One of the mysteries of the English language finally explained.
1A small soluble block that is inserted into the vagina to treat infection or as a contraceptive.
- ‘The nineteenth century also saw the commercial development of chemical contraceptives, usually in the form of pessaries for insertion into the vagina.’
- ‘Thrush is easily treated using pessaries (almond-shaped tablets that are inserted into the vagina), cream or tablets.’
- ‘In vivo the pessary demonstrated high contraceptive efficacy in rabbits of proven fertility.’
- ‘Medication for conditions like thrush, such as creams, pessaries or suppositories may also damage latex and prevent the condom working properly.’
- ‘Thrush is easily treated using pessaries (tablets that are inserted into the vagina), cream or tablets.’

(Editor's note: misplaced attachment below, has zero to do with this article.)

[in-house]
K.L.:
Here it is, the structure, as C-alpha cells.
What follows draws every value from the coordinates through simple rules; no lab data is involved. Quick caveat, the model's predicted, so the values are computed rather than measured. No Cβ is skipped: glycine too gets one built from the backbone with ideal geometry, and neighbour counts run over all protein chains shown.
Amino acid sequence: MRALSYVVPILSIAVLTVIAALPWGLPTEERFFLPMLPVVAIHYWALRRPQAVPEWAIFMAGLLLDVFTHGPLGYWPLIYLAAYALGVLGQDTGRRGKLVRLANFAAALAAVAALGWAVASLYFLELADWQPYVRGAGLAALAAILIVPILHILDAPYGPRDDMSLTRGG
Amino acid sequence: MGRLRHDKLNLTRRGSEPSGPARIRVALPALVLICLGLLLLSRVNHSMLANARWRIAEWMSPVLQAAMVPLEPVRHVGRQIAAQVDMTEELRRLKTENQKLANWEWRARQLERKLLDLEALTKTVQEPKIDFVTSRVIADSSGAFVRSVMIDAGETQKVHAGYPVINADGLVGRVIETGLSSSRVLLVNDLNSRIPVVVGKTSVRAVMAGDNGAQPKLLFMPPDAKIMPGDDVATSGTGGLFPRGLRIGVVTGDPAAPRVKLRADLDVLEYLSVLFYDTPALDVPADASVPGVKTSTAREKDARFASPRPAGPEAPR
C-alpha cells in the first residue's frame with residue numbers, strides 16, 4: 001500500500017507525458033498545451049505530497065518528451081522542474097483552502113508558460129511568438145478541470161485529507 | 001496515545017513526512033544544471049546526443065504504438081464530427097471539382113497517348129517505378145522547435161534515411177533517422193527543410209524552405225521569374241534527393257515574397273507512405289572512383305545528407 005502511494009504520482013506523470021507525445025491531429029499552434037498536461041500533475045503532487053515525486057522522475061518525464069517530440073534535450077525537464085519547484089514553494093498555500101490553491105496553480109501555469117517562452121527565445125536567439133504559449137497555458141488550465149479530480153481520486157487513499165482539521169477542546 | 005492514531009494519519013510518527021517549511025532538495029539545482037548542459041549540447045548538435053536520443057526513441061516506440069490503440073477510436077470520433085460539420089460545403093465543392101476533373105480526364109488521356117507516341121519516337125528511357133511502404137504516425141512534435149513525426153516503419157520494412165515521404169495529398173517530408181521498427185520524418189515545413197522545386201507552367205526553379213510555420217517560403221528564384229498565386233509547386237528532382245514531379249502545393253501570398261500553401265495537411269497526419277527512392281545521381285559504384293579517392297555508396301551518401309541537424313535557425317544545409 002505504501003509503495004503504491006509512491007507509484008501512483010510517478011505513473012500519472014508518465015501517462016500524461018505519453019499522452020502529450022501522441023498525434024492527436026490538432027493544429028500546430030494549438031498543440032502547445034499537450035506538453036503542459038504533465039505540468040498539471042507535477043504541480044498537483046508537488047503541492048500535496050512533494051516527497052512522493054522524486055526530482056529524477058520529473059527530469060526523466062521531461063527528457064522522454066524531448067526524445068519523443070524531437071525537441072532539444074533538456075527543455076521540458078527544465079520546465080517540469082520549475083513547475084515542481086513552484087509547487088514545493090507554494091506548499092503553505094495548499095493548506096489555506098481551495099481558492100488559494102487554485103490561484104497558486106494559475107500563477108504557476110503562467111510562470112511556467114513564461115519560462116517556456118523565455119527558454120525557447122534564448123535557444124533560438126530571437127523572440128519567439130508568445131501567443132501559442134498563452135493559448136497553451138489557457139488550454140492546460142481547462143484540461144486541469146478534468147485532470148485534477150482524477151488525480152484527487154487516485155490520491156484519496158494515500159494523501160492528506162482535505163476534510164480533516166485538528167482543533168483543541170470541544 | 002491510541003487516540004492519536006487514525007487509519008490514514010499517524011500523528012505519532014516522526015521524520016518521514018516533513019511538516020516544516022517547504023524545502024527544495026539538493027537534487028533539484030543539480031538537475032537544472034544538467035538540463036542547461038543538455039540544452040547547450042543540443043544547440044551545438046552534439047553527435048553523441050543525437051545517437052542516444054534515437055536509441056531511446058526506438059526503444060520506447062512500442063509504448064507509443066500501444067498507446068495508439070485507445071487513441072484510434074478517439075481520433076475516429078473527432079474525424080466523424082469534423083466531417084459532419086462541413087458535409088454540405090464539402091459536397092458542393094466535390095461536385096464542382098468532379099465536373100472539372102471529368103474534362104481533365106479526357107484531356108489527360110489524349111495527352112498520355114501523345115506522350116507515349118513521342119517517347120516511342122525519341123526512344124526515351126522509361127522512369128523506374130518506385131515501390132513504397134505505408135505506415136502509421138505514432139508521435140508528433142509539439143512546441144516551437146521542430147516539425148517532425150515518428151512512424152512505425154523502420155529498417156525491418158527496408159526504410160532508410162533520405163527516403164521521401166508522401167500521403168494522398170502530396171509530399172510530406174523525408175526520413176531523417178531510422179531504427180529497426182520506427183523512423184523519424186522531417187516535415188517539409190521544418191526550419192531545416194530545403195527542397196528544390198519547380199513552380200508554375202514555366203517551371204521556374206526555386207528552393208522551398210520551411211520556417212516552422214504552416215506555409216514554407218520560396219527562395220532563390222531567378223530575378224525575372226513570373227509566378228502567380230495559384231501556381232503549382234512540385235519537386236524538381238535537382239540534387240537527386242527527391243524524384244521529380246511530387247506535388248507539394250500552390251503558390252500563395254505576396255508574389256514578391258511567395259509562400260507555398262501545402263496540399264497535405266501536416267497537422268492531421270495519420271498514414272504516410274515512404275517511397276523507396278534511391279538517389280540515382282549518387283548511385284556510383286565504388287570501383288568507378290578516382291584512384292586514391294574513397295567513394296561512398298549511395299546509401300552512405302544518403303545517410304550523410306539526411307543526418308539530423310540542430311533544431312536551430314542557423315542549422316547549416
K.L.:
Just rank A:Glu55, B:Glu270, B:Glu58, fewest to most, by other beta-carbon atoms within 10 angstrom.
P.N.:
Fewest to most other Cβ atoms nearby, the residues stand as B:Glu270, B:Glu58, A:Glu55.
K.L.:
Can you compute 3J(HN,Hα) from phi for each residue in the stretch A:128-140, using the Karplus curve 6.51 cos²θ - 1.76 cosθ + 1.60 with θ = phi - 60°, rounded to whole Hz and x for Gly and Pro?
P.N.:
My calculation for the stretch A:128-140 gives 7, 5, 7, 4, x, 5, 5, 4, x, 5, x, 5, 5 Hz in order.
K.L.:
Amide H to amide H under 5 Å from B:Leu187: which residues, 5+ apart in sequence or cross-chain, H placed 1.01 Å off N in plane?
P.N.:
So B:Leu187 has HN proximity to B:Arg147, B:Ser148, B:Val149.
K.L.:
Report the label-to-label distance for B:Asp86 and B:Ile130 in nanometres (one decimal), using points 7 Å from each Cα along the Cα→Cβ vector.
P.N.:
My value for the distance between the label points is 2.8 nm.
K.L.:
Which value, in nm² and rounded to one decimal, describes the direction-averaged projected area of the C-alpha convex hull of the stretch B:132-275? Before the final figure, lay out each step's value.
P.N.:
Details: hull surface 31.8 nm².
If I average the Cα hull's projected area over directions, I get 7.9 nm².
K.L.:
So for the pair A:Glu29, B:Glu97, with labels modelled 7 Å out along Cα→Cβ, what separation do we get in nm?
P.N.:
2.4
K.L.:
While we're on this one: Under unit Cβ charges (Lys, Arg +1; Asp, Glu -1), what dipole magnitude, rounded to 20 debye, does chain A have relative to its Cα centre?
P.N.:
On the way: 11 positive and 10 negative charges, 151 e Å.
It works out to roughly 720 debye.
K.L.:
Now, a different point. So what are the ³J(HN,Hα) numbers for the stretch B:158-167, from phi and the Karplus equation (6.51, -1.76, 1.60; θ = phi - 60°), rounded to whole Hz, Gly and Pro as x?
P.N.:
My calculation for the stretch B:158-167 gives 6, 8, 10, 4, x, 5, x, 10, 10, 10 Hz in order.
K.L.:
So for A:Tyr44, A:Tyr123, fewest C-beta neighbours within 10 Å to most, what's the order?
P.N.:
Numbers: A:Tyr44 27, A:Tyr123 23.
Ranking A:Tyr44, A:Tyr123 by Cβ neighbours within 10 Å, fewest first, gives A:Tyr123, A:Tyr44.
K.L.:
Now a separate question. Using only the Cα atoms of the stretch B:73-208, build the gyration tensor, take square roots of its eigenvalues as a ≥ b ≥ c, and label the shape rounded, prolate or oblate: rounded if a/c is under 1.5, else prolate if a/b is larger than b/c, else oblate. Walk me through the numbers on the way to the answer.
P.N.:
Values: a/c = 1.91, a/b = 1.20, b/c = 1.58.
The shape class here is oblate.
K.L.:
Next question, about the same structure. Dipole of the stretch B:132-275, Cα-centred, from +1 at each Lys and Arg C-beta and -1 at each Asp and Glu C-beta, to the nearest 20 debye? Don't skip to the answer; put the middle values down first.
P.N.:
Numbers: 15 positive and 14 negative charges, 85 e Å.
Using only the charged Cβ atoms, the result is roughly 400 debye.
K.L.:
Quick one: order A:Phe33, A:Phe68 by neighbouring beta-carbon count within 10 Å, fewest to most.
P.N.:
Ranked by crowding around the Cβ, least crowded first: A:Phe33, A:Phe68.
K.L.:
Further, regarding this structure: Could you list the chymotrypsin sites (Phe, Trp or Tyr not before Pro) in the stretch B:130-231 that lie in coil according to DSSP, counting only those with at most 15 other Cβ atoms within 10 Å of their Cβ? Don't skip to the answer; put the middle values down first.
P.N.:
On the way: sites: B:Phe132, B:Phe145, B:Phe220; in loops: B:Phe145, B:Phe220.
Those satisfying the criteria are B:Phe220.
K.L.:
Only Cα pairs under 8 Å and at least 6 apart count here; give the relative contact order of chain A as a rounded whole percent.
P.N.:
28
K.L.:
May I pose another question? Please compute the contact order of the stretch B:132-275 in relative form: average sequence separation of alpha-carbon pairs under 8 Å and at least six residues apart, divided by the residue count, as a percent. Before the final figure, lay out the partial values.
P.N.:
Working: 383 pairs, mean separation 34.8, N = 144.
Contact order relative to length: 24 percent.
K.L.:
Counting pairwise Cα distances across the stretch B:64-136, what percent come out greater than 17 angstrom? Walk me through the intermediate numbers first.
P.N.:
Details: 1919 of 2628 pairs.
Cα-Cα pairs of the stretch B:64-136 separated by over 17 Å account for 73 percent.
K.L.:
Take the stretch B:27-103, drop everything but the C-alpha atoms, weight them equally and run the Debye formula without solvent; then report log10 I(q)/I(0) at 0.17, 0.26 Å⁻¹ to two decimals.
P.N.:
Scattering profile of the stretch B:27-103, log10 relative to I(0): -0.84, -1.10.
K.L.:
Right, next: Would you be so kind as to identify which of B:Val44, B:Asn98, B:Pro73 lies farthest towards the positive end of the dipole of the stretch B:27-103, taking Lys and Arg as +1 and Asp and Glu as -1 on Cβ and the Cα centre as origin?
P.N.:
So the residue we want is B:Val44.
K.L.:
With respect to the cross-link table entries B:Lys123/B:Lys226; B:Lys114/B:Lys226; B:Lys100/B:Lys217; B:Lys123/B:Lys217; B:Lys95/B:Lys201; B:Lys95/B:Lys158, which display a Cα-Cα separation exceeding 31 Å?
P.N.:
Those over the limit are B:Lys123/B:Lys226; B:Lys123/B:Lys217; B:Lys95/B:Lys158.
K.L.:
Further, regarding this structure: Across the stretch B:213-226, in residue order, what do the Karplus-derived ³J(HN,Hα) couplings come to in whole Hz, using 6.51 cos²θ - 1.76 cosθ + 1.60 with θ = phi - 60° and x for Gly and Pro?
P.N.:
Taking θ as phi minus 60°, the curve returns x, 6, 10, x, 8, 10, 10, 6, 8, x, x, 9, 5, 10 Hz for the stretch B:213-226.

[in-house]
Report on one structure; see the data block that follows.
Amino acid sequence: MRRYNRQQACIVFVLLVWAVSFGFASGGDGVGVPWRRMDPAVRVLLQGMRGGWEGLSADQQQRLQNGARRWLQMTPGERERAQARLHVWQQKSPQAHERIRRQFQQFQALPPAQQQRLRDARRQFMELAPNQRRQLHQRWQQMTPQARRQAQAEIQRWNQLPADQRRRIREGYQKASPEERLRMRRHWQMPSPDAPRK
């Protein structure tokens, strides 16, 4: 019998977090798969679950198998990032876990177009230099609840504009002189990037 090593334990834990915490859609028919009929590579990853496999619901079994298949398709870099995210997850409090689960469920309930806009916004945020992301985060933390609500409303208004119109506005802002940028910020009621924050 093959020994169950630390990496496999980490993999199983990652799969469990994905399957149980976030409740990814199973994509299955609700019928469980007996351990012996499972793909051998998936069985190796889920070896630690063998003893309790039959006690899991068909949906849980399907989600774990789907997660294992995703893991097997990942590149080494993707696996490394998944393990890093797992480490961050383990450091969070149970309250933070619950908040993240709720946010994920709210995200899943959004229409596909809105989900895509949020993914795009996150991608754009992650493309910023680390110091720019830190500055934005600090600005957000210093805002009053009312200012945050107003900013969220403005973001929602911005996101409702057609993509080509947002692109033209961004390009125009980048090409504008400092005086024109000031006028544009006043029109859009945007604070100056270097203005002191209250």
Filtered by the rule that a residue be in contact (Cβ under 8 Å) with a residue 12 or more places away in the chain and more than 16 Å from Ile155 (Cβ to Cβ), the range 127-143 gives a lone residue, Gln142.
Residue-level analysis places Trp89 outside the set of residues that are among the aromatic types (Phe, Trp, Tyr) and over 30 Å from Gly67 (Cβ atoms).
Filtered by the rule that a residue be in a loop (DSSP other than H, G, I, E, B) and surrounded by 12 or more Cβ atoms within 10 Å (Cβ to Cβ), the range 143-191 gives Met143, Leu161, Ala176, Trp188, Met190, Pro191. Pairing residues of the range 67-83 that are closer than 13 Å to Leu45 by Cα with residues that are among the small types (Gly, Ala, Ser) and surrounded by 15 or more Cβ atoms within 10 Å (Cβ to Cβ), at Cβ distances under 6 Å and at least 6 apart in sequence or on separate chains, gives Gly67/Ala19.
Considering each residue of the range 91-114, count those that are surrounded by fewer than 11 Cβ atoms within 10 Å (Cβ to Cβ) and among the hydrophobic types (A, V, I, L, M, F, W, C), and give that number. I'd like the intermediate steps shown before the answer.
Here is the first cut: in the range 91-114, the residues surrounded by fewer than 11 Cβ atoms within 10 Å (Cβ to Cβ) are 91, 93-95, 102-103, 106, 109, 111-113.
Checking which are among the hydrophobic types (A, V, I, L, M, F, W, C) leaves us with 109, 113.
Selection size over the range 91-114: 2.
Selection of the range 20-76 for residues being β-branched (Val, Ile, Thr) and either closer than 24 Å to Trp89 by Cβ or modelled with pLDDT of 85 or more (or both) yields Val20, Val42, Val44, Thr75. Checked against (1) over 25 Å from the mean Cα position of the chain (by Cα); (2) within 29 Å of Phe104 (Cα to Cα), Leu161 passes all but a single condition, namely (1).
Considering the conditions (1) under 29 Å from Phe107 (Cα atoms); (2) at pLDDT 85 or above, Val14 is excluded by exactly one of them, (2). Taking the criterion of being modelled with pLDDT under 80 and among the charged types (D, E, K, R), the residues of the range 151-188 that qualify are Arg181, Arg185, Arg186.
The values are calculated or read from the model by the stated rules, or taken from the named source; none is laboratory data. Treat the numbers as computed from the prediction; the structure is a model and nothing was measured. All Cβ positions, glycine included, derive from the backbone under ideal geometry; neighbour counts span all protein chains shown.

- 1.1 An elastic or rigid device that is inserted into the vagina to support the uterus.
- ‘Occlusive devices, such as pessaries, can mimic the effects of a retropubic urethropexy.’
- ‘For example, a Gellhorn pessary can offer excellent support for uterine prolapse as long as the perineal body is intact.’
- ‘Stress incontinence can be treated with intravaginal support devices, pessaries, and urethral ‘plugs.’’
Late Middle English: from late Latin pessarium, based on Greek pessos ‘oval stone’ (used in board games).
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